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How to Extract the Juice From Broccoli Florets

by Sarah Bourque, studioD

Extracting the juice from broccoli florets to create healthy and tasty beverages is a simple process. Many films, books and websites exist that boast the health benefits of juicing. Creating juices at home with an extractor is an easy way to pack tons of nutrient-rich fruits and veggies, including broccoli, into your diet. Broccoli is an excellent source of vitamin C and vitamin A and a good source of dietary fiber, protein, folic acid and calcium, so add some broccoli juice to savory recipes such as soup or pasta sauce.

Place the broccoli in a colander. Wash the broccoli thoroughly under cold, running water. Move the broccoli to a cutting board and chop it into pieces small enough to fit through your juicer's intake chute.

Prepare your juicer for juicing. Line the pulp catcher with a plastic produce bag, if desired, to save on clean-up time. Place a clean cup container underneath the juice spout to catch your juice.

Turn the juicer on. Add the broccoli to the chute of your juicer. Use the plunger to help push the broccoli down the chute.

Remove the cup of juice from under the spout when you've finished pushing broccoli through the chute. Add the broccoli juice to your favorite recipe.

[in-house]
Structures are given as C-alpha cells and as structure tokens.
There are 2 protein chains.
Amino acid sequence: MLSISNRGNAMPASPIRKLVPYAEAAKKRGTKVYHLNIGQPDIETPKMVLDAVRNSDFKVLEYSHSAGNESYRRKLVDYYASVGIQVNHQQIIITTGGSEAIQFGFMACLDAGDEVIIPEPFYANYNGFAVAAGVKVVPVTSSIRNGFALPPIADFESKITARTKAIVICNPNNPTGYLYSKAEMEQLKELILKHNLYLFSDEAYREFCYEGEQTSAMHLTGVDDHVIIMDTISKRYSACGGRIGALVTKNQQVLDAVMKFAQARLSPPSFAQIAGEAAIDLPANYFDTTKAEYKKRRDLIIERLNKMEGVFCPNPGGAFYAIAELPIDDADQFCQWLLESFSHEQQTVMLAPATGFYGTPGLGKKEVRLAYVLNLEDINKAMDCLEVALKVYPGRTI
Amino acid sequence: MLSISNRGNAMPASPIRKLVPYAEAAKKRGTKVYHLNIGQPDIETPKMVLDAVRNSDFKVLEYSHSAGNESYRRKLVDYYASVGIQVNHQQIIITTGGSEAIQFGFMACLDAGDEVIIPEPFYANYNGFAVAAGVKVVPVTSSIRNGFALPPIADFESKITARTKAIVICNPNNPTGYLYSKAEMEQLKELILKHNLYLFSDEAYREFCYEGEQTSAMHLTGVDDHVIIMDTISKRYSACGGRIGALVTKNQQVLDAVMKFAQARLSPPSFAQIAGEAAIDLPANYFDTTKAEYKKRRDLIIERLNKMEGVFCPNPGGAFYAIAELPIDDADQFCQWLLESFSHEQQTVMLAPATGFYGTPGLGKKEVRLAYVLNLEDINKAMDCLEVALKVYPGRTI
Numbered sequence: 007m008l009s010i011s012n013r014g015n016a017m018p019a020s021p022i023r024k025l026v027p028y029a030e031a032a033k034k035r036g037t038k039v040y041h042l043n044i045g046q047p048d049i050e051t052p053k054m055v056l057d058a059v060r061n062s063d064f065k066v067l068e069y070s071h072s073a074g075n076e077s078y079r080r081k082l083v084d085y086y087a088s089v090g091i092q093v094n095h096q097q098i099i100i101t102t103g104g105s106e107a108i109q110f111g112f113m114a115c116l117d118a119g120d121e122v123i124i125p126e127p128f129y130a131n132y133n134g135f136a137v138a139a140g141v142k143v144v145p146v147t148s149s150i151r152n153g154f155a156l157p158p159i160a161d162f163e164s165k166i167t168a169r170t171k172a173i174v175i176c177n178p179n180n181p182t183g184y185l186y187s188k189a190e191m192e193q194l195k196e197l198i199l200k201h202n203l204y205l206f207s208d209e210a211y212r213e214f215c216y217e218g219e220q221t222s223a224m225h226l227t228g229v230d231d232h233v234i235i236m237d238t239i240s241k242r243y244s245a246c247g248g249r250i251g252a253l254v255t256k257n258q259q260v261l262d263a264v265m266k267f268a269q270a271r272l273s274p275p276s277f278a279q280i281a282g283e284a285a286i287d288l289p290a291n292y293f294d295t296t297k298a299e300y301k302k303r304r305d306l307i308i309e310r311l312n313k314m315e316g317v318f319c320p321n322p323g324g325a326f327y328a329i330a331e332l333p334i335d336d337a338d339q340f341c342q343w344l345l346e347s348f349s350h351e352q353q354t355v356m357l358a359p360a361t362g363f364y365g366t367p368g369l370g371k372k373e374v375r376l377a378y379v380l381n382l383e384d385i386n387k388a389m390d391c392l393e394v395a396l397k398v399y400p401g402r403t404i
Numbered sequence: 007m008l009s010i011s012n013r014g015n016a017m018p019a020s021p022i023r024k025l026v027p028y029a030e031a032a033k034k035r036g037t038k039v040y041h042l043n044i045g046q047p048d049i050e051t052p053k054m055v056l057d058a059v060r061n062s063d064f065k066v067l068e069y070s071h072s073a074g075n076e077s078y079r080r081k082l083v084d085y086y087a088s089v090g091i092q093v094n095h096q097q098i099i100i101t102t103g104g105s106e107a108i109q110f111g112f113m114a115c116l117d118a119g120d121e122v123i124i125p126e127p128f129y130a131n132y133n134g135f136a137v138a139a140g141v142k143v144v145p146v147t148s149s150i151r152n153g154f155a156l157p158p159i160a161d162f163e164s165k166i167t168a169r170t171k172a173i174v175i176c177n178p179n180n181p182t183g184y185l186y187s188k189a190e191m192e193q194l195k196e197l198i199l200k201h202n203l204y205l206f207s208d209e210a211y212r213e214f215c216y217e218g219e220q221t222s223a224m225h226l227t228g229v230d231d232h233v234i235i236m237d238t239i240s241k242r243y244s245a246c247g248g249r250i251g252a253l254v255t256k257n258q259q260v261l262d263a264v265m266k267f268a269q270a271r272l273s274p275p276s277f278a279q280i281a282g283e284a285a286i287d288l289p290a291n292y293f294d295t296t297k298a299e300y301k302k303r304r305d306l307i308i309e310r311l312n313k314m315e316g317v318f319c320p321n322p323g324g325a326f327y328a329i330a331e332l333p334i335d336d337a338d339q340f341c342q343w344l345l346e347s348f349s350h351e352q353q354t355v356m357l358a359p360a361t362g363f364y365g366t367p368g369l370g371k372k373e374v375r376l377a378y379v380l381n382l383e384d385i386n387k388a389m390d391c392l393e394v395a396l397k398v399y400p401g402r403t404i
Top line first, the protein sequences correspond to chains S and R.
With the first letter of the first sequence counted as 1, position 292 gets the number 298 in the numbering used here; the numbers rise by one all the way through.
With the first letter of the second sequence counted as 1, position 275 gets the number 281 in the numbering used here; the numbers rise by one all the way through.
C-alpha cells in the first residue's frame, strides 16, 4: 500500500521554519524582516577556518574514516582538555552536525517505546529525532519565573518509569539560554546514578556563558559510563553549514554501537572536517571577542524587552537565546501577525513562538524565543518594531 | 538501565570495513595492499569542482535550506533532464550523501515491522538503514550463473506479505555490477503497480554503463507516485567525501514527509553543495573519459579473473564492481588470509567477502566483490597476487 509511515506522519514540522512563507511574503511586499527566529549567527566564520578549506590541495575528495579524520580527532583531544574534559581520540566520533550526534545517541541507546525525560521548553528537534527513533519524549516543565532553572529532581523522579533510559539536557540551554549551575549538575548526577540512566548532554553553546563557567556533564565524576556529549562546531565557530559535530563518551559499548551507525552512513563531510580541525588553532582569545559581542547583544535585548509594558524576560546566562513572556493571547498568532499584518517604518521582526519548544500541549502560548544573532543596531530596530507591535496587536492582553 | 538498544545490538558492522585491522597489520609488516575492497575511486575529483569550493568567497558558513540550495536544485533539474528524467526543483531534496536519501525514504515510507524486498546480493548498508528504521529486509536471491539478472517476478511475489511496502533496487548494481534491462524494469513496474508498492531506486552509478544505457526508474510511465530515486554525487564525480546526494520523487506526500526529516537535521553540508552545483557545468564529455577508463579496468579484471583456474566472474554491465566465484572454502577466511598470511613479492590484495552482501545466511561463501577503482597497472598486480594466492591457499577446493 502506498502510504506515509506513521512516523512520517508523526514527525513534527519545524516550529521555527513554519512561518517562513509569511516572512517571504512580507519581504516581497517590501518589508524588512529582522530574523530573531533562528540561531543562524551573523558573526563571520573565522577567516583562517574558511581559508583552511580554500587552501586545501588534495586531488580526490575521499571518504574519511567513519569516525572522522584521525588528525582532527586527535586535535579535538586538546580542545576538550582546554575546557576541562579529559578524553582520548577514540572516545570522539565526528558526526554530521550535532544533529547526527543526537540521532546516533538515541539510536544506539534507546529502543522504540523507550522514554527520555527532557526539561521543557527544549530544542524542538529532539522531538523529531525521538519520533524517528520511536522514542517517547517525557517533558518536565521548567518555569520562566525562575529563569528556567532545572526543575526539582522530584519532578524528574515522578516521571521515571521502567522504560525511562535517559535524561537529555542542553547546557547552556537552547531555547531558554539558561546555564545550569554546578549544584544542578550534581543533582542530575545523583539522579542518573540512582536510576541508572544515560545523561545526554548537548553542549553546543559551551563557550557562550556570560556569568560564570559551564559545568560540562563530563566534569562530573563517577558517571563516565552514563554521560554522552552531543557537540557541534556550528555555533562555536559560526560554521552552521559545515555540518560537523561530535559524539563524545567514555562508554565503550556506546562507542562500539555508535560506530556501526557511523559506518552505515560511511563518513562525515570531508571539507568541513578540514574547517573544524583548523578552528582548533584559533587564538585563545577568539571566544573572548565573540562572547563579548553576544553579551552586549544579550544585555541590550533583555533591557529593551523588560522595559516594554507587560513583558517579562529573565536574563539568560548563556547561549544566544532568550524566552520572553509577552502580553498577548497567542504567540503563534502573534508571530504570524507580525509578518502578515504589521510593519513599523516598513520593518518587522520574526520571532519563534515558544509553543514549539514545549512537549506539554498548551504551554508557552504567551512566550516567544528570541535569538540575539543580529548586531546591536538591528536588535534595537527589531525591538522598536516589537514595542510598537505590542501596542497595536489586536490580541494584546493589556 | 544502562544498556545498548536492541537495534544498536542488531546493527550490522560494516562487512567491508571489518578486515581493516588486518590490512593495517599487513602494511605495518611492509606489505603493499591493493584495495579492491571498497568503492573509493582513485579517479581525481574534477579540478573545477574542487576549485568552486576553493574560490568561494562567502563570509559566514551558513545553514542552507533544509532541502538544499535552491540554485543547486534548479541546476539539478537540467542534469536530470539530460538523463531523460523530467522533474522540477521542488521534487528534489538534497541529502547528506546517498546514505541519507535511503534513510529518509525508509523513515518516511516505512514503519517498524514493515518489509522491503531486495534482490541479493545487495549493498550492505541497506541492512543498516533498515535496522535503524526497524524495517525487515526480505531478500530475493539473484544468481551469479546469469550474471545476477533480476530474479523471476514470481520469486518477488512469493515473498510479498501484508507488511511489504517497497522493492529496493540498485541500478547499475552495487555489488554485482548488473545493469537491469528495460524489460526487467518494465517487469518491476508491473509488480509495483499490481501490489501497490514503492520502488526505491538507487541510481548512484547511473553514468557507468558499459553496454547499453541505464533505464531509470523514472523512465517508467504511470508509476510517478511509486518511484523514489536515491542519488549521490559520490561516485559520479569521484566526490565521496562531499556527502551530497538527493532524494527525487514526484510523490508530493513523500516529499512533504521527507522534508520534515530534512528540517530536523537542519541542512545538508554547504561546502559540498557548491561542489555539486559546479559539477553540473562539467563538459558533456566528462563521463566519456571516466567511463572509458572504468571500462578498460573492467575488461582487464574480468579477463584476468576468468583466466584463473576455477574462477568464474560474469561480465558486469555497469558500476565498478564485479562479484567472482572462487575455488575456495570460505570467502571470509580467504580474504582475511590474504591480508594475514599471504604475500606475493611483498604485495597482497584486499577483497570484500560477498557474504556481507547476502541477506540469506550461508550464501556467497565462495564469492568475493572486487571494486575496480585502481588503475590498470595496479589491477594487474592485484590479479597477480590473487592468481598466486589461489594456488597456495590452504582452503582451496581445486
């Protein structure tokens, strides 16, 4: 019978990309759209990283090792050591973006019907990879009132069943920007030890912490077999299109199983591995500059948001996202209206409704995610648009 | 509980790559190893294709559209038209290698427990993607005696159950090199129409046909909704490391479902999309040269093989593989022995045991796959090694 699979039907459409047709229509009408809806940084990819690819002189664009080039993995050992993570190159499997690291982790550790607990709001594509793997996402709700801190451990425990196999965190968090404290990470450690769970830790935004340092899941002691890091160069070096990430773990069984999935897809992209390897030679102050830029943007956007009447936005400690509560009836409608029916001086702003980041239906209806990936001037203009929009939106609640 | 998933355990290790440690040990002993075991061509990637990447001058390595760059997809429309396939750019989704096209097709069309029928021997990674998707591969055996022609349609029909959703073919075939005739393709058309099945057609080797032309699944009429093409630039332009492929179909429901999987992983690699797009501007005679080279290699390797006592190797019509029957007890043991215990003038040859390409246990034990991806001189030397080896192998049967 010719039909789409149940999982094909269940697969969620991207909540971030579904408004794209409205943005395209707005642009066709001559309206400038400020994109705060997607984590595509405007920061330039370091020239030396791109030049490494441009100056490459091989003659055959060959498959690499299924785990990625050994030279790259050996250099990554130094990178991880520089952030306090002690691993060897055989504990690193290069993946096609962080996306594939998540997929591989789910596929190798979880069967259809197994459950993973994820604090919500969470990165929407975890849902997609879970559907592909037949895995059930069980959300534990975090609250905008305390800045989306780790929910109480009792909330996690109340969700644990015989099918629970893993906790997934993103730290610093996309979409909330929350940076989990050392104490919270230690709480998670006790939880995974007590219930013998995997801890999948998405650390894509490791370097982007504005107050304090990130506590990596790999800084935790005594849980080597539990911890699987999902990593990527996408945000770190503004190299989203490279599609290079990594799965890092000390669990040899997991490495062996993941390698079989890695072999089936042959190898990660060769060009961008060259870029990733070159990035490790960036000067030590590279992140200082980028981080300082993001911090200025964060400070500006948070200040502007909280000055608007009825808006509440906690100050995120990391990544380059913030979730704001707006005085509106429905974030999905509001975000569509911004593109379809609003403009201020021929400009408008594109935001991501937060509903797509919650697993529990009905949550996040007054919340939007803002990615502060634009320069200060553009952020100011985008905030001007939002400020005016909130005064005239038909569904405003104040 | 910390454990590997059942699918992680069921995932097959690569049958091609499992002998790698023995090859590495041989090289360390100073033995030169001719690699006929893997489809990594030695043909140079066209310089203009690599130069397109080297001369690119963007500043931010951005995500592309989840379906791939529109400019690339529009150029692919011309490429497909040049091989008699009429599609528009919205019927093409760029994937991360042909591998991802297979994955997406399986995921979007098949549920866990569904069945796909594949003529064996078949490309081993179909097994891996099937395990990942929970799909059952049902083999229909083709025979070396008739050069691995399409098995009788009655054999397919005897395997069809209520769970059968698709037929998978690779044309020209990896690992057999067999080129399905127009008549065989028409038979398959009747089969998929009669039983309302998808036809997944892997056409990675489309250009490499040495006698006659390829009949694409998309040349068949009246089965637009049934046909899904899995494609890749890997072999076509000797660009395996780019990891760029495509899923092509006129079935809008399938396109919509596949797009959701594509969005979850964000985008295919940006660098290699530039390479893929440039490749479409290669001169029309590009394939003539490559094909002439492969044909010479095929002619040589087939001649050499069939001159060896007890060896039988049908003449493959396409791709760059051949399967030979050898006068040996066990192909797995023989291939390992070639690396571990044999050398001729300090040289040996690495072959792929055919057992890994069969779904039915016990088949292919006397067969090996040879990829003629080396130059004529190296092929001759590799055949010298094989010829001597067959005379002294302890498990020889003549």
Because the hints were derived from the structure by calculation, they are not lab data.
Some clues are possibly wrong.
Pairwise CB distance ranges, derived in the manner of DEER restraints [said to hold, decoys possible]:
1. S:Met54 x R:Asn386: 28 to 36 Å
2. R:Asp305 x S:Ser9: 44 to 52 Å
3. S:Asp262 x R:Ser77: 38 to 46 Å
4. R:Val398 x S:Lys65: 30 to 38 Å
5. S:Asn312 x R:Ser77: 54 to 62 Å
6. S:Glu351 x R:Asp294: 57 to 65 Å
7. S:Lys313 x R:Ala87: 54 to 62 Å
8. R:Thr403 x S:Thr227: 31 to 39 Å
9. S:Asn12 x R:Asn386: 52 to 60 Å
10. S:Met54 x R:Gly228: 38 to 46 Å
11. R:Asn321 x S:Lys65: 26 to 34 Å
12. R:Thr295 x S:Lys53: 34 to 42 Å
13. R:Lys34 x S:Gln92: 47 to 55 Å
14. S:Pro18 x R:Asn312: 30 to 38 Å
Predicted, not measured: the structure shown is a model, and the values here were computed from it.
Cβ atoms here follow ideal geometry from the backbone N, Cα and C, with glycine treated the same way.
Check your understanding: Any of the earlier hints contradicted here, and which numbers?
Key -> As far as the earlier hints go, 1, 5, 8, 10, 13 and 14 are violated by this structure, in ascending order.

Items you will need
  •  Broccoli florets
  •  Colander
  •  Knife
  •  Cutting board
  •  Electric juicer
  •  Plastic produce bag (optional)
  •  Cup


  • Broccoli juice has a strong flavor. Make the juice more palatable by mixing it with milder and sweeter juices. Try mixing about 1/2 cup of broccoli juice with the juice of two apples, one orange, one carrot, one lemon, and a little bit of ginger or parsley.
  • When buying broccoli, look for tightly closed green clusters and firm stalks.

About the Author

Sarah Bourque has been a freelance writer since 2006 and is based in the Pacific Northwest. She writes and edits for the local publisher, Pacific Crest Imprint and has written for several online content sites. Her work recently appeared in "The Goldendale Tourism and Economic Development Magazine" and "Sail the Gorge!" magazine. She attended Portland Community College where she studied psychology.

Photo Credits

  • Stockbyte/Stockbyte/Getty Images